6 April 2016
All you need to know about the EU Biocidal Products Regulation and how it may affect you.
Over the next few years, users may start to see some disinfectants on the market disappear. This will be due in part to the EU Biocidal Products Regulation, which first came into force in 2012, but is now starting to have an effect on the industry.
A biocidal product is a substance which controls harmful or unwanted organisms through chemical or biological means. Common examples are disinfectants, wood preservatives and insect repellents. The Biocidal Product Regulation (BPR) governs how these biocidal products are made available to the European market and how they should be used.
The BPR has two main objectives, firstly to harmonise the European biocidal market to enable all EU members to compete on a level playing field and secondly to provide a high level of protection for the operator and the environment by ensuring all biocidal products are assessed for risk and efficacy.
The registration process is split into two stages; firstly, the active substances (raw materials) are registered and secondly the biocidal products which contain those actives (ie a bactericidal disinfectant). The active and the biocidal product must both be registered for a specific use, known as a Product Type, and it must not be used for any other purpose. For example, a product registered as a disinfectant for washroom surfaces must not be used as a disinfectant for kitchen surfaces. Under BPR there are 22 different Product Types, ranging from human hygiene products to antifouling paints; Evans Vanodine has products under 5 of these Types.
As of 1st of September 2015, all biocidal active substances must be purchased from a supplier who is part of the active assessment process and whose products appear on the Article 95 list of approved suppliers for EU biocidal actives. Evans Vanodine, and other similar companies, can now only manufacture disinfectants, for sale in the European market, by using an approved active substance which is included on the Article 95 list.
Over the next few years, as products are authorised, the product label will change to show:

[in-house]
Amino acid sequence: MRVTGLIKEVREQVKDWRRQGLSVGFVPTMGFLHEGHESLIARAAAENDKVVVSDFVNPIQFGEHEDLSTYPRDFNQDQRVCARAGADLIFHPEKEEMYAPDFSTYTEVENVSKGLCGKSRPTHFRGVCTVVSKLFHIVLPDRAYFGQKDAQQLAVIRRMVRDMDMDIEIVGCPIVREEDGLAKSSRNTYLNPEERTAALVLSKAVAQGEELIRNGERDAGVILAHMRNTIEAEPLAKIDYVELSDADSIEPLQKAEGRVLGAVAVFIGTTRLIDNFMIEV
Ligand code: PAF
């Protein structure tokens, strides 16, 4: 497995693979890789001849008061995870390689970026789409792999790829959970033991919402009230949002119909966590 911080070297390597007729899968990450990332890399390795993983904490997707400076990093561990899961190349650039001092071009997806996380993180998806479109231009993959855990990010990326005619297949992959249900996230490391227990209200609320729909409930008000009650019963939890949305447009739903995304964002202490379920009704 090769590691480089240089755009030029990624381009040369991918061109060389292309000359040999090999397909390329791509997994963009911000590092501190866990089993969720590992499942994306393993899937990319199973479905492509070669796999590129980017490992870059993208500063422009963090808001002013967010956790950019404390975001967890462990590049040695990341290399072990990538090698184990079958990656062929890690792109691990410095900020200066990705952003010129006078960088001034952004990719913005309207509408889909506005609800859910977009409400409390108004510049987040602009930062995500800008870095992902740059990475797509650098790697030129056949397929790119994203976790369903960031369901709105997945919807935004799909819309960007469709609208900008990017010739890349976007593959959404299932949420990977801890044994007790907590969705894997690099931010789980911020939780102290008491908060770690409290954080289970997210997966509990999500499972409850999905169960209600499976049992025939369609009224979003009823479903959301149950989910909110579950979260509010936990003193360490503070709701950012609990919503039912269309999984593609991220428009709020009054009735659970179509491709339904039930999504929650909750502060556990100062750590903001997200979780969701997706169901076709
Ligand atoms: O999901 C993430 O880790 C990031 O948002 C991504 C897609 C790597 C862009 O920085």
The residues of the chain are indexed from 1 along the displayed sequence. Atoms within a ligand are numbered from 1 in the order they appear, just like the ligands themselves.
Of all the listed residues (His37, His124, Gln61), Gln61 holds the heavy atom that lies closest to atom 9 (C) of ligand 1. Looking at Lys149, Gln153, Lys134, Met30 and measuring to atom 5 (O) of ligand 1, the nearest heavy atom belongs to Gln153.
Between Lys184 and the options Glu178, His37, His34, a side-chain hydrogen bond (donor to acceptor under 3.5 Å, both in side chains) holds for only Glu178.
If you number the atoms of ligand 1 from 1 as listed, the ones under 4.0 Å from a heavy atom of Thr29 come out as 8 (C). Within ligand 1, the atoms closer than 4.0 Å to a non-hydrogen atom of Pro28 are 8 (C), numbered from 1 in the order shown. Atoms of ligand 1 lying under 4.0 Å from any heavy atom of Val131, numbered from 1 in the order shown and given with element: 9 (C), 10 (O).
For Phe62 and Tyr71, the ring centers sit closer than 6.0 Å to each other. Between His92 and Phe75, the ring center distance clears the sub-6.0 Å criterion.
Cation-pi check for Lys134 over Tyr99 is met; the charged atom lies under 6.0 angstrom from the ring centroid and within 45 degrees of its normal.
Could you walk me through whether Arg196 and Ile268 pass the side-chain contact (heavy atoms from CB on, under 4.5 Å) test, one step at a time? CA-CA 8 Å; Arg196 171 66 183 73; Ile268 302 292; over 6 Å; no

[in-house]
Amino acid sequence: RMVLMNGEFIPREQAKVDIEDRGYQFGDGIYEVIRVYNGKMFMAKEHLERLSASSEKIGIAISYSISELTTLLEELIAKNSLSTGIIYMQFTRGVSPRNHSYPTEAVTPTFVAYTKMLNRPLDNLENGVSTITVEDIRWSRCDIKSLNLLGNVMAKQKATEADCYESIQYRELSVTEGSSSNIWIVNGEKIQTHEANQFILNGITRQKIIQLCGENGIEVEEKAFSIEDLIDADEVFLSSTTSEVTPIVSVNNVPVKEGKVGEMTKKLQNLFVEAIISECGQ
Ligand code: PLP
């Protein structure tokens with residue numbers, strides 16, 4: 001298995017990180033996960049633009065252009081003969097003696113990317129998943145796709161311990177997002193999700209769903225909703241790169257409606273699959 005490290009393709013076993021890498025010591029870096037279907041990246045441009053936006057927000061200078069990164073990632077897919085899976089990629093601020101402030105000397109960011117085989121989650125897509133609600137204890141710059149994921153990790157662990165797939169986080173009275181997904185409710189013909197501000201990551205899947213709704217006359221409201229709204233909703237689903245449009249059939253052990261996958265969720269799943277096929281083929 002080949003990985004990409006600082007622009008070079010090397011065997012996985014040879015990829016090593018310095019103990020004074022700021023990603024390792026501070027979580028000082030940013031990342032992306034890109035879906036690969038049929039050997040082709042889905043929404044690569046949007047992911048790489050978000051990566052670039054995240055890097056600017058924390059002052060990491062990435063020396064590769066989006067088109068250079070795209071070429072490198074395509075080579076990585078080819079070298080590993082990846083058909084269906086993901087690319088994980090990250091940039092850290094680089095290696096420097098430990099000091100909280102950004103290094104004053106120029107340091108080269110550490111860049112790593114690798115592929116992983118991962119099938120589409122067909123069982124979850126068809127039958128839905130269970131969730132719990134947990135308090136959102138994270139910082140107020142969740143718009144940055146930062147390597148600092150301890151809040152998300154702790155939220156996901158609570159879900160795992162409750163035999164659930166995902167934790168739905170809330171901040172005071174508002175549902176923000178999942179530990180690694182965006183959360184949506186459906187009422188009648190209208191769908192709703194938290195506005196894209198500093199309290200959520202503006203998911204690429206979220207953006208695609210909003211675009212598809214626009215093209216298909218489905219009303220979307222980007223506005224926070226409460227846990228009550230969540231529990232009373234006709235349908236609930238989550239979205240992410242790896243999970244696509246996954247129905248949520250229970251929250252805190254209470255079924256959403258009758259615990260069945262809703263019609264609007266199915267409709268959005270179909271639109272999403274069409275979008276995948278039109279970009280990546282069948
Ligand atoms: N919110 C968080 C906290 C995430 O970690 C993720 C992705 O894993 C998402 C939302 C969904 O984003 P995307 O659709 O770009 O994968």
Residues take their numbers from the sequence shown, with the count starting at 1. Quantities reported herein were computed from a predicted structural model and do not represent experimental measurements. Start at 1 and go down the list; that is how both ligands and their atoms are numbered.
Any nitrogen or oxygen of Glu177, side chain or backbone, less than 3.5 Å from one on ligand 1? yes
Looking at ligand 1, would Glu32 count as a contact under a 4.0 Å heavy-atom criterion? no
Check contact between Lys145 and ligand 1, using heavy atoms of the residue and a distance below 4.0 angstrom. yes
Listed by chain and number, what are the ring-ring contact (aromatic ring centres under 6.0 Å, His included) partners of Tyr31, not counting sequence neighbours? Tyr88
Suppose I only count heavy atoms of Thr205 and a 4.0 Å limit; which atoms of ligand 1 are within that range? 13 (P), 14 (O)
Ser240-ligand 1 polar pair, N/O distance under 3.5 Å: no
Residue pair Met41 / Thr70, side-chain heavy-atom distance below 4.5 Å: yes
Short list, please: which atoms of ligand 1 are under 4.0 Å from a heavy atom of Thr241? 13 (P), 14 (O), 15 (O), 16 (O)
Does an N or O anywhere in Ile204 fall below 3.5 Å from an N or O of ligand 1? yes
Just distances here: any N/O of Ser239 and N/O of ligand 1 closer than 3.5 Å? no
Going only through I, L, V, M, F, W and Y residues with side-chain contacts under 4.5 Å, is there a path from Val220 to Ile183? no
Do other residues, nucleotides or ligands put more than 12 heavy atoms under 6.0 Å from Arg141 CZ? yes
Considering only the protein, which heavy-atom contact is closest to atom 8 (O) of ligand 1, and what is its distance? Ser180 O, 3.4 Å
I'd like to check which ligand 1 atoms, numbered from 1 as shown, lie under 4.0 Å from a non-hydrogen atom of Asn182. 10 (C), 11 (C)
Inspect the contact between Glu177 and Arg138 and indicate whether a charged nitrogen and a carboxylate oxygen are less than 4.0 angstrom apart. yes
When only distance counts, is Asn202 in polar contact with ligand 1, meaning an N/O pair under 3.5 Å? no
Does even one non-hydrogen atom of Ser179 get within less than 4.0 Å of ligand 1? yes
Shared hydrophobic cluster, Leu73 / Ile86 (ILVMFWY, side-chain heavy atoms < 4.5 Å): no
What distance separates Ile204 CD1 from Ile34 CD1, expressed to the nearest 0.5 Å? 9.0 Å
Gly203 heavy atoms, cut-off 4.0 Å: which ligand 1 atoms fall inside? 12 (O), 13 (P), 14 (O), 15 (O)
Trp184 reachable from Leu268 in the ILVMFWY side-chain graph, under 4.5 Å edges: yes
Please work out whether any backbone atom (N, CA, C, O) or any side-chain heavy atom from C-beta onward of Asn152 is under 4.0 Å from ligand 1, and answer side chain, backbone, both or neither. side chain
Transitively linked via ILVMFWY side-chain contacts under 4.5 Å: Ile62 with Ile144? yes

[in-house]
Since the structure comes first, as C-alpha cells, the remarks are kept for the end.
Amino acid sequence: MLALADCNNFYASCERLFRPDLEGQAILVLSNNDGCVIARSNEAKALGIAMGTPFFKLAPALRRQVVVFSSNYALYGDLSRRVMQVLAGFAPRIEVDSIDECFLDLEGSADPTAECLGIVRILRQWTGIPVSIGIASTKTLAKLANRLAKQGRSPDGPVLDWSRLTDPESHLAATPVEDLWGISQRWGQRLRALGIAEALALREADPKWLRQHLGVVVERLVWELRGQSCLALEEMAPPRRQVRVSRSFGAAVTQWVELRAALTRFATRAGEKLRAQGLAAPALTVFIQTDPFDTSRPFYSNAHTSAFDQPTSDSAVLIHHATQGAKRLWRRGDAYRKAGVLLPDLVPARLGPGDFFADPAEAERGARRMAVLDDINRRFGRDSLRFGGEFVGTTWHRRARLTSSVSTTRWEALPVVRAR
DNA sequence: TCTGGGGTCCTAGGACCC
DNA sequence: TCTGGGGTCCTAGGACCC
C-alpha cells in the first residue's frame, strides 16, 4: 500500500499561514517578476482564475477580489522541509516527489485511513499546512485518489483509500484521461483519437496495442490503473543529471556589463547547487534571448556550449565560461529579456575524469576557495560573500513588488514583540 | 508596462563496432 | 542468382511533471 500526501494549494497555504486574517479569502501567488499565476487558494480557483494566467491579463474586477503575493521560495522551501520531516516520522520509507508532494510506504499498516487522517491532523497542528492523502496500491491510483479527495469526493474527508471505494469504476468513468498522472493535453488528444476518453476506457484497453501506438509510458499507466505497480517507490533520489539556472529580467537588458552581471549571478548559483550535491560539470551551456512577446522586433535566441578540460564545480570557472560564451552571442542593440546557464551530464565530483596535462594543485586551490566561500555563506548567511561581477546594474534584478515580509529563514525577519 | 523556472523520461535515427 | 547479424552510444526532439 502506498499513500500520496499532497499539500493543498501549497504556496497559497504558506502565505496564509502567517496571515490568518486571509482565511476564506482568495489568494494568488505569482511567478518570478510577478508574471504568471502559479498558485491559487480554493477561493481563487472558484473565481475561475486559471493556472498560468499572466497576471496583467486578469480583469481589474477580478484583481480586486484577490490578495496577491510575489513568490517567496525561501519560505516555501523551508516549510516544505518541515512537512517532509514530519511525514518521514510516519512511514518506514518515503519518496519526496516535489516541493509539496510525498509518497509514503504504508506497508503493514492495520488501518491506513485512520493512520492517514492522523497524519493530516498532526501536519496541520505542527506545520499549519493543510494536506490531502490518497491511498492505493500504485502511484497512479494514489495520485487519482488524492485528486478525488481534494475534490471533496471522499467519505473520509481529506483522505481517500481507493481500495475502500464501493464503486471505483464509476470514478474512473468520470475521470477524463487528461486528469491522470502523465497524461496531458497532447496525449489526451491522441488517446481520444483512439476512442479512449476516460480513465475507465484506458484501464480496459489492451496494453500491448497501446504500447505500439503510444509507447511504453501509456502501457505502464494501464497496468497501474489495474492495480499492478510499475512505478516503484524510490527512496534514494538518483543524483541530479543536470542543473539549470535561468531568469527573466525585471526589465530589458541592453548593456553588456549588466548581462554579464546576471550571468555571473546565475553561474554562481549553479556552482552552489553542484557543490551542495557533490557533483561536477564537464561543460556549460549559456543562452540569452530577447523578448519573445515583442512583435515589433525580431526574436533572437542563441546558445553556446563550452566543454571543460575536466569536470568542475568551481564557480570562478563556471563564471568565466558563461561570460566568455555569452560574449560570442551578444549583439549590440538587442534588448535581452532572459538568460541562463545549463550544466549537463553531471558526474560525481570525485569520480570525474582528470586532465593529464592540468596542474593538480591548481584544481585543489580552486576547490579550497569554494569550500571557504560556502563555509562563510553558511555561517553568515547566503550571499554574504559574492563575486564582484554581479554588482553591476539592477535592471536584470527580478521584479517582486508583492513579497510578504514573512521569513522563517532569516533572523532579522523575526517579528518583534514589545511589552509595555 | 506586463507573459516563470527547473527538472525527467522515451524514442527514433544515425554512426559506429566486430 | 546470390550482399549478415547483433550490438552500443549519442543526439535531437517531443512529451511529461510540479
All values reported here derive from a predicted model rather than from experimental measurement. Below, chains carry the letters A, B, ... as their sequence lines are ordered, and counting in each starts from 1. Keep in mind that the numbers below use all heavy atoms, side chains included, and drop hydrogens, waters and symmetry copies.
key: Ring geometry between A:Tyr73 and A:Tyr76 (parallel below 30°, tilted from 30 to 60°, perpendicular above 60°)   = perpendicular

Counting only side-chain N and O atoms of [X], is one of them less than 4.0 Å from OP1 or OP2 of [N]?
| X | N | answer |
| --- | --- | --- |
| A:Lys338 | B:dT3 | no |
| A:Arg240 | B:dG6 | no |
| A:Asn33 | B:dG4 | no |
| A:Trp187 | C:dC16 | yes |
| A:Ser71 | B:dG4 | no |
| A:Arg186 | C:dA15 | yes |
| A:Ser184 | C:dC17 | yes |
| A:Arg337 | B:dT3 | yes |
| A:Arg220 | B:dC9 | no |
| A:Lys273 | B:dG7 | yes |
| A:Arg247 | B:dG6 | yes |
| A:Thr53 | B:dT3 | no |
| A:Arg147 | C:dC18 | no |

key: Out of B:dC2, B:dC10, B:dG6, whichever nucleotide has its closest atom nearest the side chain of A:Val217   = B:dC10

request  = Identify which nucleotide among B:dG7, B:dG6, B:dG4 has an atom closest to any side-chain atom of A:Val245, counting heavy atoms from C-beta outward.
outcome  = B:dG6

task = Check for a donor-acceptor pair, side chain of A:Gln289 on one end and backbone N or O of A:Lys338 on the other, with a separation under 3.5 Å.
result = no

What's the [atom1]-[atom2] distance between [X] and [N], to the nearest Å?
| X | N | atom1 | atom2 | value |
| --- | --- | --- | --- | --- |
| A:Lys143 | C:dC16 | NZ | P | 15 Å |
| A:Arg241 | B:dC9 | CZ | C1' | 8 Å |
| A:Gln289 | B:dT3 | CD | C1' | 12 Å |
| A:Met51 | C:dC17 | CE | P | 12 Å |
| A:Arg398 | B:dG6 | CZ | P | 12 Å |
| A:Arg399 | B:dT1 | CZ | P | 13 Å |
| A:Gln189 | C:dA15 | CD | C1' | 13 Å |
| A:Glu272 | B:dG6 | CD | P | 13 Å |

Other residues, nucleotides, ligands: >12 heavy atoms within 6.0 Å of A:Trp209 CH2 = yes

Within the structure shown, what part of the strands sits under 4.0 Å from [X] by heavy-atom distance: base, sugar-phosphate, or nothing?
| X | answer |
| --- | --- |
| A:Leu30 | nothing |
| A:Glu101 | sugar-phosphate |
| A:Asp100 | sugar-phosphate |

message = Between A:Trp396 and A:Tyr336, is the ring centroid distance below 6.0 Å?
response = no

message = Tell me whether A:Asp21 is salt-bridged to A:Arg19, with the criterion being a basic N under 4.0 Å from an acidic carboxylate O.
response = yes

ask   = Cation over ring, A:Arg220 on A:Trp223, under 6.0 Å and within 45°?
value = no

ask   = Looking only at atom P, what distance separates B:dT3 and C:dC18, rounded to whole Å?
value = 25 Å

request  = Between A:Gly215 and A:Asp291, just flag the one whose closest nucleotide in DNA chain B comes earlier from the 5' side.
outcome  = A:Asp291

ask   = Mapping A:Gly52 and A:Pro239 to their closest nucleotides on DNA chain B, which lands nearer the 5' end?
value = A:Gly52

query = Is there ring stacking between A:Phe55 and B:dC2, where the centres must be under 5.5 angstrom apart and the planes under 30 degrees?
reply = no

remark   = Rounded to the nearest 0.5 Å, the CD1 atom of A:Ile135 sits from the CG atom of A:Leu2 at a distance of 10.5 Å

- The authorisation number
- The type of organism killed – eg bacteria, fungi, viruses
- The specific areas of approved use (the product must not be used for any other purpose)
- Requirements for Personal Protective Equipment for each stage of use
- Detailed directions for use, with dilution rates, application types and contact times
- Product disposal instructions
- Professional and / or amateur use
As an extra safeguard for the users of biocidal products, the BPR makes the distinction between ‘Professional’ and ‘Amateur’ users. Commercial or industrial use biocides will be labelled "For professional use only" and should only be used by those who have had the appropriate information, instruction and, most importantly, training.
Authorising biocidal products is an expensive process. The costs involved have not been finalised, but, including the laboratory work and authorisation fee, we estimate that each biocidal product will cost approximately £40,000 - £50,000 to bring to market. Due to the high costs involved, and possibly due to the lack of authorised active substances, companies may well rationalise their disinfectant ranges and no doubt many will disappear from the market. These costs will have to be passed on but as the market is very competitive, we suspect the increase will be minimal.
Despite the extra work and cost, we believe that it is very important to have safeguards in place to ensure biocidal products can be used without causing harm to people, the environment or wildlife. We also believe the BPR will help eliminate false claims made by some companies on labels and on literature, in particular with regards to bactericidal properties.
You can find out more about BPR via the HSE website http://www.hse.gov.uk/biocides/eu-bpr/ or you can contact Evans Vanodine.